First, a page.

CROI 2019 Abstract eBook

Abstract eBook

Poster Abstracts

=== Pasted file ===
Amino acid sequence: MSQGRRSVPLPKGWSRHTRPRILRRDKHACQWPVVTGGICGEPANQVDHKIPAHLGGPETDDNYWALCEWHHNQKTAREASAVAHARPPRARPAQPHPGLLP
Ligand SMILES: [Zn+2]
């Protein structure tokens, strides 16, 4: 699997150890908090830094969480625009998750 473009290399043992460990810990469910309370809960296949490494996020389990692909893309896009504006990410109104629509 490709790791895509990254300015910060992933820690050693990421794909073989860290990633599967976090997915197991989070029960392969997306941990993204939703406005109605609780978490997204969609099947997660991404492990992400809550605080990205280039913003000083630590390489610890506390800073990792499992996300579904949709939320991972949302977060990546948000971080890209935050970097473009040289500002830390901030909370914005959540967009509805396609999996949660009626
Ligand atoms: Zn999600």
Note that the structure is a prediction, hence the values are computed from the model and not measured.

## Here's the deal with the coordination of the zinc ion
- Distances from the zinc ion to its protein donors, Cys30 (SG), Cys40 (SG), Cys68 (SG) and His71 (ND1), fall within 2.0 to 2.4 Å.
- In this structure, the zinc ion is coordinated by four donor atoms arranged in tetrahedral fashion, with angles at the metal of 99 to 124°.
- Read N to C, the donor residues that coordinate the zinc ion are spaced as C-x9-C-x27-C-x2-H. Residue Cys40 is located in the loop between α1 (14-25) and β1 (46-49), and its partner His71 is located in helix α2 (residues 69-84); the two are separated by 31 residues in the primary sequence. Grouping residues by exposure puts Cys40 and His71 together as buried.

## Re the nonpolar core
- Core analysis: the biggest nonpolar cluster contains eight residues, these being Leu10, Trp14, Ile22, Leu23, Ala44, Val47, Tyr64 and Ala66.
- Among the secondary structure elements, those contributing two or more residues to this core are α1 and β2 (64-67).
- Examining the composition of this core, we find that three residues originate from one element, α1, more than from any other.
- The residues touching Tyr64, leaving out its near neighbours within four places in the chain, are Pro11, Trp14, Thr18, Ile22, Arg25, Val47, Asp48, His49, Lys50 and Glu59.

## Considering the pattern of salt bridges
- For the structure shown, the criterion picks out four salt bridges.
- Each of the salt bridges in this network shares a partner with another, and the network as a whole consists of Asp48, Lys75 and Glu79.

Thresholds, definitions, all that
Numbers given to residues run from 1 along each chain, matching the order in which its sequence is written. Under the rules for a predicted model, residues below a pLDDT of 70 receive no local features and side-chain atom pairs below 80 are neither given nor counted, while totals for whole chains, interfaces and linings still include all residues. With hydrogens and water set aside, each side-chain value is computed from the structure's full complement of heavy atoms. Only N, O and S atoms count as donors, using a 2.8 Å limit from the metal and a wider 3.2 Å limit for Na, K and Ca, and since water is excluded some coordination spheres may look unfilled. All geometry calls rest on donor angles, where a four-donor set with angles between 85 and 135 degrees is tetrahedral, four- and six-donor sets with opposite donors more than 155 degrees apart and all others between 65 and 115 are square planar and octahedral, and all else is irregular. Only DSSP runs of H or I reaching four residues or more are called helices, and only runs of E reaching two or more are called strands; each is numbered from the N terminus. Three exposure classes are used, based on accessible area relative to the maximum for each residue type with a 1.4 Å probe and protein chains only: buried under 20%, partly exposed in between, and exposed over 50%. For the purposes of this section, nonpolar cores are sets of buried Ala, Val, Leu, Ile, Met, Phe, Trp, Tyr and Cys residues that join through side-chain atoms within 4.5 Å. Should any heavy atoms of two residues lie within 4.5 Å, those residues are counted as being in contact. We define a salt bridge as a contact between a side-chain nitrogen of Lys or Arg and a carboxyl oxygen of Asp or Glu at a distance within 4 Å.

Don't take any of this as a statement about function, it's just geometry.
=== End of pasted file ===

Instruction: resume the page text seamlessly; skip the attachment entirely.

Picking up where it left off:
277 TRANSCRIPTOME ANALYSIS IN HPV+/HIV+ TISSUE REVEALS MARKERS OF HPV-DEPENDENT DYSPLASIA Eva Riveira-Muñoz 1 , Ivan Galvan-Fermenia 2 , Rafael de Cid 2 , Antoni Tarrats 3 , Marta Piñol 3 , Francesc García-Cuyás 3 , Jose A. Este 1 , Roger Badia 1 , Guillem Sirera 3 , Ester Ballana 1 1 IrsiCaixa Institute for AIDS Research, Badalona, Spain, 2 Institute for Health Science Research Germans Trias i Pujol, Badalona, Spain, 3 Fundació Lluita Contra la Sida, Badalona, Spain Background: HPV is accepted today as the necessary but not sufficient etiological agent for anal and cervical neoplasia and HIV appears to be a cofactor in the association between HPV and cervical neoplasia. The objective of our study is the identification of a distinct transcriptomic signature that may serve as predictive markers of dysplasia and/or malignancy in HIV+/+HPV patients. Methods: The study includes a unique cohort of 25 HIV-1 infected individuals co-infected with HPV with a clinical follow-up for more than 20 years. Tissue samples from individuals with signs of a high degree of anal dysplasia were chirurgical collected, together with samples from normal tissue from the same individual as control. After RNA extraction and quality control, RNA library was constructed (Illumina TruSeq RNA stranded) and sequencing was performed (Novaseq, 30M reads/sample). Data analysis was performed as implemented in the computational workflow for the detection of differentially expressed genes and pathways from RNA-seq data. Read alignment and count quantification was conducted using the Rsubread package and the statistical analysis was performed using the edgeR package. The differential expression analysis uses the quasi-likelihood functionality of edgeR. Results: Whole transcriptome sequencing was performed to examine differential gene expression profiles, and to perform gene annotation based on gene ontology pathway information. Analyses were successfully performed on all 25 paired-ends samples with overall read mapping ratio above 95%. Thirty genes showed significant changes between biopsies showing a high degree of dysplasia and apparently healthy control biopsies. Hierarchic clustering of data demonstrated a clear discrimination between healthy and dysplasic tissues, indicating a common pattern of gene expression changes between individuals. The identified differentially expressed genes include chemokines, potential restriction factors, a miRNA and genes associated to cell proliferation and cell transformation. After filtering the results based on functionality, we selected for further validation a group of 15 genes that fulfill the criteria for becoming a biomarker. Conclusion: Our analysis allowed the identification of at least 15 potential predictive markers of anal dysplasia in co-infected HIV/HPV individuals. Characterization of the selected genes may result in the development of new therapeutic approaches to treat HIV/HPV induced malignancies. 278 HPV CLEARANCE AND REINFECTION IN 2 YEARS AFTER RANDOMIZATION TO CRYOTHERAPY OR LEEP Christine J. McGrath 1 , Anthony Cagle 1 , Hugo De Vuyst 2 , Troy Querec 3 , Elizabeth Unger 3 , Sharon A. Greene 1 , Sameh Sakr 4 , Marleen Temmerman 5 , Nelly R. Mugo 6 , Michael H. Chung 1 1 University of Washington, Seattle, WA, USA, 2 International Agency for Research on Cancer, Lyon, France, 3 CDC, Atlanta, GA, USA, 4 Coptic Hope Center, Nairobi, Kenya, 5 Aga Khan University, Nairobi, Kenya, 6 University of Washington in Kenya, Nairobi, Kenya